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  • To our knowledge immunohistochemical analysis for proGRP was


    To our knowledge, immunohistochemical analysis for proGRP was done in 5 cases [9], [10], [17], [18]. Takagi-Takahashi et al. reported that the tumor leukotriene were positive for proGRP in one case [9]. Yamaguchi et al. also showed that tumor cells in two patients of ES/PNET with elevated serum proGRP were positive for proGRP [10]. On the other hand, in one of the two cases of pulmonary PNET without elevation of serum proGRP level reported by Imamura et al. [17], tumor cells were immunohistochemically negative for proGRP. And also Mikami et al. reported a case of pulmonary PNET which was negative for proGRP in both serum and tumor cells [18]. In our case, IHC for proGRP was not performed. Since our case was young, high level of serum/plasma proGRP unlikely meant that the chest tumor was SCLC. In older patients, on the other hand, elevated serum/plasma proGRP strongly suggests that the chest tumor could be SCLC. However, there is a possibility that middle-aged or even rather old people are affected by ES/PNETs. Since the tumor cells of ES/PNET are somewhat reminiscent of those of SCLC, ES/PNET cases arising from the thorax in older patients with elevated serum/plasma proGRP level might be erroneously diagnosed as SCLCs and treated as SCLCs like a case of Takagi-Takahashi et al. [9]. Careful pathological examination including appropriate IHC and genetic analyses is recommended in such situation. The number of ES/PNET cases in which serum/plasma proGRP level was examined is unclear and the frequency of blood proGRP elevation in all ES/PNET patients also remains to be clarified. Therefore, the significance and the regulatory mechanism of proGRP production remain to be elucidated in ES/PNETs. Considering that both CEA and proGRP are expressed by primitive cells during embryonal and developmental stages [19], [20], expression of such markers with high serum/plasma level might indicate the primitive nature of ES/PNETs.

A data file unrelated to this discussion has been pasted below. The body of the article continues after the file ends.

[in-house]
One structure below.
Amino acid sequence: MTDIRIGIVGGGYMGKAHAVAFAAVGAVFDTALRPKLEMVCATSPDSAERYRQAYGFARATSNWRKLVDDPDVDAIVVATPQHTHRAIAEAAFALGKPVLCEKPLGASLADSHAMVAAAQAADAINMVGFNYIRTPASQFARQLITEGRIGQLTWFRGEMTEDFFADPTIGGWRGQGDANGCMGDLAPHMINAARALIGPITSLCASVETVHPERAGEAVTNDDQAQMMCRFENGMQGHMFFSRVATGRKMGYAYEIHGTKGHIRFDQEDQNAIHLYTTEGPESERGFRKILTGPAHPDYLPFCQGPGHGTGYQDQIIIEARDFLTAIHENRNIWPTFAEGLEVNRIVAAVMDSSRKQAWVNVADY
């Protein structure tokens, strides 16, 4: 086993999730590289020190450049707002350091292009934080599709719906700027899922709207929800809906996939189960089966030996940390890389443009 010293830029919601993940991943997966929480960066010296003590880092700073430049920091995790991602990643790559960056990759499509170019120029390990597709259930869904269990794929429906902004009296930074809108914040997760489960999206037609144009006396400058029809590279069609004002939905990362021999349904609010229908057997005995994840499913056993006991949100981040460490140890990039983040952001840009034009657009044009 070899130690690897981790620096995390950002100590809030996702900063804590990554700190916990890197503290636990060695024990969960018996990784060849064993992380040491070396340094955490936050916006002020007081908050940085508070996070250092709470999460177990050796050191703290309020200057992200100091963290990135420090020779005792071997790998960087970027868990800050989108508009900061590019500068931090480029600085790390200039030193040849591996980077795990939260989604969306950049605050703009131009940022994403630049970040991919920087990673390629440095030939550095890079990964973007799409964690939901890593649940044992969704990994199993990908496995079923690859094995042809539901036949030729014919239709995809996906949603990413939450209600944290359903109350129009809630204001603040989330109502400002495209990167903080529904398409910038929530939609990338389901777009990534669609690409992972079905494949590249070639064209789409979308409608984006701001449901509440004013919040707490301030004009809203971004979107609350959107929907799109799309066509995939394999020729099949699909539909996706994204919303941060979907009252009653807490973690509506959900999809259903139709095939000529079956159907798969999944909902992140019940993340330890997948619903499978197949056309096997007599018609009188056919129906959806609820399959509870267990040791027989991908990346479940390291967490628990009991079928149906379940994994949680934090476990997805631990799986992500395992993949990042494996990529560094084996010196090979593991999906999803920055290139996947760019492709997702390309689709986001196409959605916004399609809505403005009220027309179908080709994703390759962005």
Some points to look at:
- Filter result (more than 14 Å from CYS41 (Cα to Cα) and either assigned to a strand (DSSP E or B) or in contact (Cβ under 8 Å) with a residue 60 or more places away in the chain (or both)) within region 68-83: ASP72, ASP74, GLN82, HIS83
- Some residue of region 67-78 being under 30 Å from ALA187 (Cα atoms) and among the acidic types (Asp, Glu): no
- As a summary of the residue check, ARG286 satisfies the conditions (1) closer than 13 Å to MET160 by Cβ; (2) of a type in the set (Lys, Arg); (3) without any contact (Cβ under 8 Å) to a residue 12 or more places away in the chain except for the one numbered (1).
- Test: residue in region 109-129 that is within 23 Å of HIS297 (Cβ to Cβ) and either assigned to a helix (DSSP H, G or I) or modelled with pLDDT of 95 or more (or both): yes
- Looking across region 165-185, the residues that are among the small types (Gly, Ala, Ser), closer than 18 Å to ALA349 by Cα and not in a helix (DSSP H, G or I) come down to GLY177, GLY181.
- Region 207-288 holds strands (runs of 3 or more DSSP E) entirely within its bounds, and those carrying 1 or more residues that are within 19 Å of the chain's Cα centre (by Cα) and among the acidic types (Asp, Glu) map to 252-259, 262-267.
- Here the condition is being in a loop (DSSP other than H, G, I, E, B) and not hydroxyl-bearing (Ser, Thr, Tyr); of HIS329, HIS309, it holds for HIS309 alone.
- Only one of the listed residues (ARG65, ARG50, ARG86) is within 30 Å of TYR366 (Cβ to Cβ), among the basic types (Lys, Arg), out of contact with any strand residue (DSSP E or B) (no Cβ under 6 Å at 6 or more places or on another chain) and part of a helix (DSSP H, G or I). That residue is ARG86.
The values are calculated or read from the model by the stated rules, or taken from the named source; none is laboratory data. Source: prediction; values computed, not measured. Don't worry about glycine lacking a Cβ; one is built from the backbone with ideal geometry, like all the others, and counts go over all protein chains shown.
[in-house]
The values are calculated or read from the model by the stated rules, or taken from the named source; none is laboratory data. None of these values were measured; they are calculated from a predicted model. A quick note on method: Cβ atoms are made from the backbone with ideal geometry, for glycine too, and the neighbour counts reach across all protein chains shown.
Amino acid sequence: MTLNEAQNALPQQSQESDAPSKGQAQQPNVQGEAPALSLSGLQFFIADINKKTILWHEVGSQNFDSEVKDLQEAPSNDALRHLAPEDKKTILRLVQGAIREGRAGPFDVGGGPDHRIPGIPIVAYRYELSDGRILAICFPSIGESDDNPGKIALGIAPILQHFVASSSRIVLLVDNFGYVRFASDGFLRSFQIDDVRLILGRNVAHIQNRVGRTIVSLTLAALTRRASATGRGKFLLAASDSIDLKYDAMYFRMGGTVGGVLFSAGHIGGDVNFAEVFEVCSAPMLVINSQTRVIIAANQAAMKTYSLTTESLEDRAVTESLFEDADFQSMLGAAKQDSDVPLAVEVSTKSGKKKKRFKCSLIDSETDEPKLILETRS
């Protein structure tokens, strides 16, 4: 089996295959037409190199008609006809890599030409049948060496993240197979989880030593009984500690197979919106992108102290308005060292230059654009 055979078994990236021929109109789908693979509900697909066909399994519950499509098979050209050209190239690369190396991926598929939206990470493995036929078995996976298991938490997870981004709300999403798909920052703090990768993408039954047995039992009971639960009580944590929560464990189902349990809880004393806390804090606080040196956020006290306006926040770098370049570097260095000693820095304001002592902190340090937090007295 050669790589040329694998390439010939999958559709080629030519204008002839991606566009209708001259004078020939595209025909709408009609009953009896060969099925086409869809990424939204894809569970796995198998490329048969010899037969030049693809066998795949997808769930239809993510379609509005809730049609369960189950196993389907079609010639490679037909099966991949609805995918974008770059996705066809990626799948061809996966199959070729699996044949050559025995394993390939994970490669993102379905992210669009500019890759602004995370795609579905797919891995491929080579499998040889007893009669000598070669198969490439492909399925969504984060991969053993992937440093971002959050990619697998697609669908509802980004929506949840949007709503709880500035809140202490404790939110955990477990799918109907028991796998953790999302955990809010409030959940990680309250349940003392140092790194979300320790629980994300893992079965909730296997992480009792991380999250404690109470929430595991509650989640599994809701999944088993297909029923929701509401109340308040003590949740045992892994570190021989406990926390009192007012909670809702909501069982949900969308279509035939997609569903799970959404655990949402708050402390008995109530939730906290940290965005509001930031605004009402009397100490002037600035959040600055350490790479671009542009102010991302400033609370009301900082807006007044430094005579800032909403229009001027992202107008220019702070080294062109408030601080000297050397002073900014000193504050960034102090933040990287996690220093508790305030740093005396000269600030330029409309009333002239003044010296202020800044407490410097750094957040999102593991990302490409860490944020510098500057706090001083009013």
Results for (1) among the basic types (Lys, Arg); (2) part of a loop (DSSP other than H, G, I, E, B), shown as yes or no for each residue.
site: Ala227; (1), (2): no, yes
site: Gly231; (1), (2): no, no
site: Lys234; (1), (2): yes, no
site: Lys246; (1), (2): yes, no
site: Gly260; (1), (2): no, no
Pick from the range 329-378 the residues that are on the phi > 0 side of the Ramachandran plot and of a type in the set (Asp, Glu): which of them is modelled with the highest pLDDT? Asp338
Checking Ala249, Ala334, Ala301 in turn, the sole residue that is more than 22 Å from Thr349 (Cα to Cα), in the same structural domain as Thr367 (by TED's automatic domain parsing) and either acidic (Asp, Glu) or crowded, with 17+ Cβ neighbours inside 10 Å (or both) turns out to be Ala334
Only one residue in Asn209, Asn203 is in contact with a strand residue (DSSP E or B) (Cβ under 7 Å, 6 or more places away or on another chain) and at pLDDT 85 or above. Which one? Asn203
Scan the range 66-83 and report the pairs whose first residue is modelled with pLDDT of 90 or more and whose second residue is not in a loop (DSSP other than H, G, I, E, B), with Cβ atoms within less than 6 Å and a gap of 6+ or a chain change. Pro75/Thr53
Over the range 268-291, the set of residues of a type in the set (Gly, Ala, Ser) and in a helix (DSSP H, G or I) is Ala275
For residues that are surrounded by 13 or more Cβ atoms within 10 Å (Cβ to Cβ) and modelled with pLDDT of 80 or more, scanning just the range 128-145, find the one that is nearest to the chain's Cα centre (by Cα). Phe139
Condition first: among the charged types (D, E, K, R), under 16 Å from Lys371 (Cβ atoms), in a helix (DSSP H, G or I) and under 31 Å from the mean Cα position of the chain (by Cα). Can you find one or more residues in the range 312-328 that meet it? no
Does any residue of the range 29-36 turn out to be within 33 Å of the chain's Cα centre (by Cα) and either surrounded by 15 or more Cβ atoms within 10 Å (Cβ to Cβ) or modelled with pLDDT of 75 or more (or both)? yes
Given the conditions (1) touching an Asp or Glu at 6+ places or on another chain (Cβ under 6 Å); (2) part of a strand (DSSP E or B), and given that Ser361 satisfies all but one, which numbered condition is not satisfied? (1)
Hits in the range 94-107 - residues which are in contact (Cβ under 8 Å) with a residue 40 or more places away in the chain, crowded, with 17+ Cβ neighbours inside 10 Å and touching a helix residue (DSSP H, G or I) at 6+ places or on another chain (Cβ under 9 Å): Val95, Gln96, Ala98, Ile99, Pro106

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    Introduction Ewing\'s sarcoma (ES) is the second most frequent pediatric bone cancer after osteosarcoma. It is a rare, aggressive, poorly differentiated tumor of bone and soft tissue which occurs primarily in children, adolescents and young adults [1], [2], [3]. ES is characterized by a rapid proliferation of tumor cells with small round nuclei that causes extensive and rapidly progressive bone destruction [4]. ES is a classic example of a malignancy driven by a fusion oncogene, 85% of ES tumor specimens harboring the t(11;22)(q24;q12) chromosomal rearrangement [5]. The resultant fusion transcript EWS–FLI1 is formed by the N-terminal part of the EWS protein linking to the DNA-binding domain (ETS domain) of the FLI1 transcription factor [6]. FLI1 possesses carcinogenic properties of cell cycle induction, aberrant transcription and promotion of cell survival when associated with EWS [7]. Alternative rarer translocations are known such as, EWS/ERG occurs in approximately 10% of cases, EWS/ETV, EWS/EIAF and EWS/FEV each in <1% of cases. Although the cell origin of ES remains unknown, there is a growing body of evidence that suggests ES is derived from human mesenchymal stem cells (hMSC). Indeed, strong arguments indicate that the fusion gene EWS-FLI1 may induce the transformation of hMSC into ES cells [8]. Connexins, the structural proteins of gap junctions, are a family of transmembrane proteins that oligomerize into hemichannels containing six connexin subunits [9]. Upon reaching the cell surface, two hemichannels pair to complete an intercellular gap junction channel, which directly links the cytoplasm of neighboring cells and mediate the exchange of low-molecular-mass molecules (<1000Da), including cAMP, inositol trisphosphate, and Ca [10]. The permeability of gap junctions is finely regulated at the transcriptional [11], [12] and posttranslational level via cycles of connexin phosphorylation [13], intracellular Ca or H+ concentrations [14], [15] (for reviews, see Refs. [16], [17], [18]). A critical role in the progression of a variety of tumors has been attributed to gap junction intercellular communication (GJIC) [19], [20]. Reduced or loss of gap junctional activity through different mechanisms including reduced expression has been implicated in various human cancers [21]. The crucial role of altered GJIC in tumor progression was further demonstrated by the exogenous expression of connexins in gap junction-deficient cell lines, which was shown to restore functional communication and to delay tumor growth [22], [23]. The number leukotriene of possible mechanisms responsible for connexin-mediated tumor suppression has grown with insights into the possible functional roles of hemichannels [24], cross-talk between gap junctions and other adhesion-based junctional complexes [25] and the discovery of novel connexin-binding proteins [26]. Thus, increasing evidence suggests that GJ-independent mechanisms are also involved in connexin-mediated tumor suppression [20], [21].